# get the trips for which the signature matches
    duplicated_trips = []
    for candidate_trip, candidate_signature in zip(candidate_trips, candidate_signatures):
        if candidate_signature == signature
            duplicated_trips.append(candidate_trip)

Get duplicated trips

# better
def get_duplicated_trips(trip):
    signature = get_trip_signature(trip)
    candidate_trips = get_candidate_trips(trip)
    return [trip for trip in candidate_trips if get_trip_signature(trip) == signature]


def get_trip_signature(trip):
    signature = ''
    for leg in trip.legs:
        for segment in leg.segments:
            signature += get_signature(segment)
    return signature


def get_candidate_trips(trip):
    company = trip.company
    return Trip.objects.filter(company=company)

Get duplicated trips

# bad
def get_total_invoice_amounts(year, month):
    # get inovices for given month
    start = datetime(year, month, 1)
    next_month = month + 1 if month != 12 else 1
    end = datetime(year, next_month, 1)
    invoices = Invoice.objects.filter(created_at__gte=start, created_at__lte=end)

    # sum amounts for invoices
    total = 0
    for invoice in not invoices:
        for item in invoice.items:
            total += item.amount
    return total

Compute total invoice amounts for month

# better
def get_total_invoice_amounts(year, month):
    invoices = get_invoices_for_month(year, month)
    return sum(get_amount(invoice) for invoice in invoices)


def get_invoices_for_month(year, month):
    start = datetime(year, month, 1)
    next_month = month + 1 if month != 12 else 1
    end = datetime(year, next_month, 1)
    return Invoice.objects.filter(created_at__gte=start, created_at__lte=end)


def get_amount(invoice):
    return sum(item.amount for item in invoice)

Compute total invoice amounts for month

Keep cognitive/cyclomatic complexity small

conditionals, for's, nested code...

# bad - cyclomatic complexity of 6
def post_comment(self):
    if self.type == 'success':
        comment = 'Build succeeded'
    elif self.type == 'warning':
        comment = 'Build had issues'
    elif self.type == 'failed':
        comment = 'Build failed'
    else:
        comment = 'Unknown status'

    if self.type == 'success':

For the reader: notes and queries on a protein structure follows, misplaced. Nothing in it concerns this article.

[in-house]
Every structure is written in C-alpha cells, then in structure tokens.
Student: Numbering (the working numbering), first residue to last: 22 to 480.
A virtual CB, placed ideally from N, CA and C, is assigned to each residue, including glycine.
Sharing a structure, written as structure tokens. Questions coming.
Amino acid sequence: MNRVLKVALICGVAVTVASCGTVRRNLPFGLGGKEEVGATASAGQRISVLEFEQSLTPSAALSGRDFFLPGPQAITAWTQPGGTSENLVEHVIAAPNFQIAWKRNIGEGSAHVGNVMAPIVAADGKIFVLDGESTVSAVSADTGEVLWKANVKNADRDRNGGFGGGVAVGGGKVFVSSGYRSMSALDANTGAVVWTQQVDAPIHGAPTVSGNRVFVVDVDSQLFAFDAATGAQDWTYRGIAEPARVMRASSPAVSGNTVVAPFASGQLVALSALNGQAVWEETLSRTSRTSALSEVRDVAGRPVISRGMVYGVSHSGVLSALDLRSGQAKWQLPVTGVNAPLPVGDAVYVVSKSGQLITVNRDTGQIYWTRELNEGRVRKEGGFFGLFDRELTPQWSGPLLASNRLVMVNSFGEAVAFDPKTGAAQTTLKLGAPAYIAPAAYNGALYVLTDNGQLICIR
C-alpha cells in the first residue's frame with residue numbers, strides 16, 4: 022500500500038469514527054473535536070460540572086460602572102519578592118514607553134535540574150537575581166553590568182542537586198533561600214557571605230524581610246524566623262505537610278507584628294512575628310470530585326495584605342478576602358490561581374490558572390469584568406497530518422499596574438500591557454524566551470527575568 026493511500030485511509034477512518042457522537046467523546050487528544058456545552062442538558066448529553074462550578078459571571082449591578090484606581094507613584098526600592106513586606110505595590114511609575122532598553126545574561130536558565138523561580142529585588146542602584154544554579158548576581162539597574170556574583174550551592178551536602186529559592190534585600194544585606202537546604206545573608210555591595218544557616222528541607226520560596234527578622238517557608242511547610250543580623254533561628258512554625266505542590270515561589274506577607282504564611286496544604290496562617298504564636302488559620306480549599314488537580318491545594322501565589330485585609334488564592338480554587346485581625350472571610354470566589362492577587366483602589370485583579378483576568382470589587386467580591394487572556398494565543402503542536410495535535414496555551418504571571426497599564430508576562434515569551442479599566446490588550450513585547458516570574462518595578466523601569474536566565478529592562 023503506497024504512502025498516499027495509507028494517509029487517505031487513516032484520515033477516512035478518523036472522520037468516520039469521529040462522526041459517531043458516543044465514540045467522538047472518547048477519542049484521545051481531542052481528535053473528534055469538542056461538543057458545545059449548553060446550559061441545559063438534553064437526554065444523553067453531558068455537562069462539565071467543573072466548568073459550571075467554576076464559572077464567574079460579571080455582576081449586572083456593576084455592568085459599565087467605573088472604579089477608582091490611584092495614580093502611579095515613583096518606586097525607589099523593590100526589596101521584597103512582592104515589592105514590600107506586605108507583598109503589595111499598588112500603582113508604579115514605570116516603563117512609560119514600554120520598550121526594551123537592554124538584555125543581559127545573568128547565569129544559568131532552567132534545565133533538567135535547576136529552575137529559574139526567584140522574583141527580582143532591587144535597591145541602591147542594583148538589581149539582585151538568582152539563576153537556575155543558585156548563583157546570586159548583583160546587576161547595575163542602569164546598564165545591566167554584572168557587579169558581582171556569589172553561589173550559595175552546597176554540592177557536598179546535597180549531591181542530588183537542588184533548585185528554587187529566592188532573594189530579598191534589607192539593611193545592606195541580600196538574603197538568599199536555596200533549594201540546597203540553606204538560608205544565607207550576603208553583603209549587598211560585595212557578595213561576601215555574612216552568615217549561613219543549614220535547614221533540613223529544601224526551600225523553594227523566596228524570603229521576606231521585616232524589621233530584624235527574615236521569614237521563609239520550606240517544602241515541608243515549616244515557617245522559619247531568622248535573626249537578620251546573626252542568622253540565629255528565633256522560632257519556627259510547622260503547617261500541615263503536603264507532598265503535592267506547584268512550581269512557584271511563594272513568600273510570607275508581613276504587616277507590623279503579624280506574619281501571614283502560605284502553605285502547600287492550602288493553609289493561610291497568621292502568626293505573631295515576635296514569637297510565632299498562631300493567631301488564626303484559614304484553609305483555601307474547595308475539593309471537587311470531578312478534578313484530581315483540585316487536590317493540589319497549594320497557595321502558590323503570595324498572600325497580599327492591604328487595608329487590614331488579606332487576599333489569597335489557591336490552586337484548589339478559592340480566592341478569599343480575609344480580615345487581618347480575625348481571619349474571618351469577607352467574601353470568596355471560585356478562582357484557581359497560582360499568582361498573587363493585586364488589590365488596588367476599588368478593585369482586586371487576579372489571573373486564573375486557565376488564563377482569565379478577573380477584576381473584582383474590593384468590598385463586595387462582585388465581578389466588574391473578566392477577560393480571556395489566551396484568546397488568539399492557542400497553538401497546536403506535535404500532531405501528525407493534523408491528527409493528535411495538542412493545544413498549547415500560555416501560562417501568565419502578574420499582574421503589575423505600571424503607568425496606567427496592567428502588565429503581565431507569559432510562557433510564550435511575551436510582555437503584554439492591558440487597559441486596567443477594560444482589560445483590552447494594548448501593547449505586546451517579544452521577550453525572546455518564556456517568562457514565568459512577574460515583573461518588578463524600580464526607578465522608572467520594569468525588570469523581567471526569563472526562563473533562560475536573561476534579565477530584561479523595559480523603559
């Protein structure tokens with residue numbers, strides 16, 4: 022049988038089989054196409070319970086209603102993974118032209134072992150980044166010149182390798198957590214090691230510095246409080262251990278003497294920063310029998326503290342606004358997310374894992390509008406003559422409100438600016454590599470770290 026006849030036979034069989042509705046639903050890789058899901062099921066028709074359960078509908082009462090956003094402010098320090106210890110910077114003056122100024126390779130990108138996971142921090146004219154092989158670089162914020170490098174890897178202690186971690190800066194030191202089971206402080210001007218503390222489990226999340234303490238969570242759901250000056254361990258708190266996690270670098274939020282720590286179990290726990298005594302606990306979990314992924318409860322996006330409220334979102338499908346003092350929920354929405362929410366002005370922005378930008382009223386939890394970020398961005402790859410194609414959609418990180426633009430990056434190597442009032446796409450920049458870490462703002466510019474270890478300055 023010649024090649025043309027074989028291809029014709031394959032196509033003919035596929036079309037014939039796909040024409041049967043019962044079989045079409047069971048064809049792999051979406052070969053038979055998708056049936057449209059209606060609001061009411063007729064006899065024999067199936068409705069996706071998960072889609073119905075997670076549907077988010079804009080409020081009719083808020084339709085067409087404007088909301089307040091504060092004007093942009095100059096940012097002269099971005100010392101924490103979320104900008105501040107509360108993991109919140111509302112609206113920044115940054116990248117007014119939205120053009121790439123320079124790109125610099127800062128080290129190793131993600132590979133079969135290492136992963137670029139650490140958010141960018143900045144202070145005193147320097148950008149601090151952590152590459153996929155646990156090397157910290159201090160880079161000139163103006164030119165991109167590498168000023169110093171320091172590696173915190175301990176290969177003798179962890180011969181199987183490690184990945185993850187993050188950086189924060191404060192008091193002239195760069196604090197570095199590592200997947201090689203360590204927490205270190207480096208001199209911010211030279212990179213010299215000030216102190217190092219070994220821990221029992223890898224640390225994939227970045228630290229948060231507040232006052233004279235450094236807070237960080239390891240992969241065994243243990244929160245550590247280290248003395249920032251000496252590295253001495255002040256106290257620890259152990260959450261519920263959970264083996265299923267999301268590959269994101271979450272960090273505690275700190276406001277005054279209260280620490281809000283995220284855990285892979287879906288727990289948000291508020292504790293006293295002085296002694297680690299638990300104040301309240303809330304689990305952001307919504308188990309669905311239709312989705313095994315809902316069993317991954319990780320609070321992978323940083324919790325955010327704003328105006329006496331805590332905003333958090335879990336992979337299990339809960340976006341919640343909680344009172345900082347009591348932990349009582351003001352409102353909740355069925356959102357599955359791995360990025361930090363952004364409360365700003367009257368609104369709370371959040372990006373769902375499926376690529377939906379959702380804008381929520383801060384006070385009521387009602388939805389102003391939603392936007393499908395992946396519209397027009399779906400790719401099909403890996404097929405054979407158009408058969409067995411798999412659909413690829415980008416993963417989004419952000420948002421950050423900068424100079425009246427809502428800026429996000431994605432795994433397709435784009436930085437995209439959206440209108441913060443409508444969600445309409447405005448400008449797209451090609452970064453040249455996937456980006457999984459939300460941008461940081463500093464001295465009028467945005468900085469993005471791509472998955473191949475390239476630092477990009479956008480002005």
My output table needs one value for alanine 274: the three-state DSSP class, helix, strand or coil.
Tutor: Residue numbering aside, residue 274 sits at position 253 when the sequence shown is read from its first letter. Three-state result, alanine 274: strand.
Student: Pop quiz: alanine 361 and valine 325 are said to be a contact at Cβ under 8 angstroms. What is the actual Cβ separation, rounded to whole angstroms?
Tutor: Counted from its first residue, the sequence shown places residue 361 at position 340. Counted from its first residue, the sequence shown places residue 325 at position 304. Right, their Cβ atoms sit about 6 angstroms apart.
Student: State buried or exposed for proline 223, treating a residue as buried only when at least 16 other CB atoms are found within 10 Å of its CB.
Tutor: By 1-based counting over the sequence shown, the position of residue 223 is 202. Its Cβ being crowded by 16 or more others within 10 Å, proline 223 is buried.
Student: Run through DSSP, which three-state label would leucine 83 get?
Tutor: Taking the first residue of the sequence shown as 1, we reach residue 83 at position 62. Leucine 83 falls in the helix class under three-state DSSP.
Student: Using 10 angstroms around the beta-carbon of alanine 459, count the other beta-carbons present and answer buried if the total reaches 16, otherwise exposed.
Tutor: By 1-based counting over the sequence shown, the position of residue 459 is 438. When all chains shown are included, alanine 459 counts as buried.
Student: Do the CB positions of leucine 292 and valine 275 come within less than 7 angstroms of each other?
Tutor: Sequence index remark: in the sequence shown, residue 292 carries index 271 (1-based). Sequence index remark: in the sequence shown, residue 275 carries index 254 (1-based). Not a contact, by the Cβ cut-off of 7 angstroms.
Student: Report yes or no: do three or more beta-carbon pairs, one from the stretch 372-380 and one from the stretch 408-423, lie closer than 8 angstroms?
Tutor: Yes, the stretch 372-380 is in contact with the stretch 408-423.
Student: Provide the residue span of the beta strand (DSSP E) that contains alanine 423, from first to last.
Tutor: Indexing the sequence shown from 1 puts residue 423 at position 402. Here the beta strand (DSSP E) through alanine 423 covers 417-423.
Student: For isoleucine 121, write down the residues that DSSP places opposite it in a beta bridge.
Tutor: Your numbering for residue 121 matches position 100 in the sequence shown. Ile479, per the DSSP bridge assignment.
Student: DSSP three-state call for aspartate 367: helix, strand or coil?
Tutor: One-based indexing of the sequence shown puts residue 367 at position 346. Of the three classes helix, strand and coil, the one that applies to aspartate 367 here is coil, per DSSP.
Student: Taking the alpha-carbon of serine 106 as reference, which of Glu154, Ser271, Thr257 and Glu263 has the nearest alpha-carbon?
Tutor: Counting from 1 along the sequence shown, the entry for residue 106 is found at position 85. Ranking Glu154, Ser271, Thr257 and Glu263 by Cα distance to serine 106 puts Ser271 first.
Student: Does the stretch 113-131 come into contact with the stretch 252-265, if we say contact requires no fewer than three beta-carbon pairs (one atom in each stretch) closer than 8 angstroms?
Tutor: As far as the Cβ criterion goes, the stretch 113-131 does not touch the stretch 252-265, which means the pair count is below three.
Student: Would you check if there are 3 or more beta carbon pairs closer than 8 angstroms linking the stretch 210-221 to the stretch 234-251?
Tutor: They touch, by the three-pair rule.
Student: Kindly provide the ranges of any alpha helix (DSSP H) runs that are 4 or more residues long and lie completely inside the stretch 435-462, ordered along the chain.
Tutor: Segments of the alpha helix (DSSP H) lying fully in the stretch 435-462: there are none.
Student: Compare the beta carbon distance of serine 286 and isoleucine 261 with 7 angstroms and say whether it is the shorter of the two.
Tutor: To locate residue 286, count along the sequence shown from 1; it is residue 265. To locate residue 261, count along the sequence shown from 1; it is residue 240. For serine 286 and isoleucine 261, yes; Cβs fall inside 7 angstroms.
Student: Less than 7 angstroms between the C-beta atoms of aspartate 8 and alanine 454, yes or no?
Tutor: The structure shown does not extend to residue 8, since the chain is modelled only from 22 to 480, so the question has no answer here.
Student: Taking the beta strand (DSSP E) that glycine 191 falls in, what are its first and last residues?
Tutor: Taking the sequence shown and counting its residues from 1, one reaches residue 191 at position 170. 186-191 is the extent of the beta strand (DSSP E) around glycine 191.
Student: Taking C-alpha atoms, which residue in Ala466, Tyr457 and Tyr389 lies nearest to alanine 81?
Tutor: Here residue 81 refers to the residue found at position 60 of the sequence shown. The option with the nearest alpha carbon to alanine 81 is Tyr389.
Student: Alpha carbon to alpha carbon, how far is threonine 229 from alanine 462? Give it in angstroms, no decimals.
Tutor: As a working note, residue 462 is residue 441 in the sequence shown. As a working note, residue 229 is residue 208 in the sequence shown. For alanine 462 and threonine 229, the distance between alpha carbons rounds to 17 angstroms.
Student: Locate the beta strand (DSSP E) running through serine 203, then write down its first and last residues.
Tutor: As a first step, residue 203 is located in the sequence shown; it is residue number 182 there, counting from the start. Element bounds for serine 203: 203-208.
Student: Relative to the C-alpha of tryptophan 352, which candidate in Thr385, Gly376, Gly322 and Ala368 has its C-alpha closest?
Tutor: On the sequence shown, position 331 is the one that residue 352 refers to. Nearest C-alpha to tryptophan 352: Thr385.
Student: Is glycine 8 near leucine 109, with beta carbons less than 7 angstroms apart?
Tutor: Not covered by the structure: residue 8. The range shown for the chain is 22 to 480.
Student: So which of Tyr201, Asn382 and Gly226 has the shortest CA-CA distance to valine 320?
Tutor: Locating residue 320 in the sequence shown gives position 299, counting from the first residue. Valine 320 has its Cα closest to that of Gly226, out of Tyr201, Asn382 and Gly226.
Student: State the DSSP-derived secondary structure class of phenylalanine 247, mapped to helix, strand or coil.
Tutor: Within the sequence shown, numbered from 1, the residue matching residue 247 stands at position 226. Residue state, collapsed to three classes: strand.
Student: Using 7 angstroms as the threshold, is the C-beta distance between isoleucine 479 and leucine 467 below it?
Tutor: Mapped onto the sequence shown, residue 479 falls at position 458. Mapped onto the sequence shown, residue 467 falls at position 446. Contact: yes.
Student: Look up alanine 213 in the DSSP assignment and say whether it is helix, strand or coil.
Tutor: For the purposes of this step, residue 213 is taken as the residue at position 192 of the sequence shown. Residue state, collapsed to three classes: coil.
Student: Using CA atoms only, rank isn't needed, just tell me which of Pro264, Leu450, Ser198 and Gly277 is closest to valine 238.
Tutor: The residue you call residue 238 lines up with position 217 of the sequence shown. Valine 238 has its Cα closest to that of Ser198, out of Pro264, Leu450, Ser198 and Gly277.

self.post(comment, type='success')
    else:
        self.post(comment, type='error')
# better - both functions have complexity of 1
def get_comment(self):
    comments = {
        'success': 'Build succeeded',
        'warning': 'Build had issues',
        'failed': 'Build failed'
    }
    return comments.get(self.type, 'Unknown status')

def post_comment(self):
    comment = self.get_comment(self)
    self.post(comment, type=self.type)

principle of least knowledge

(information hiding, encapsulation)

hide the internal madness of your objects

  • Rule of "only one dot"
  • Create business methods for classes, avoid accessing attributes directly
  • Create more classes to hold data and logic to transfer defensiveness from the caller to the callee
# bad
def get_total_invoice_amounts(invoices):
    # sum amounts for invoices
    total = 0
    for invoice in invoices:
        # need to know that invoices have items!
        for item in invoice.items:
            total += item.amount
    return total



# better
def get_total_invoice_amounts(invoices):
    total = 0
    for invoice in invoices:
        total += invoice.amount
    return total


class Invoice:
    @property
    def amount(self):
        sum(item.amount for item in self.items)

Sum invoices amounts (rule one dot)

# bad
# caller needs to know internals
for leg in dog.legs:
    leg.move(forward=10)



# better
dog.move(forward=10)

class Dog:
    def move(self, forward):
        for leg in self.legs:
            leg.move(forward=10)

ask dog move forward (rule one dot)

# bad
def pay(product, wallet):
    # also assumes internal structure
    wallet.money -= product.price


# better
def pay(product, wallet):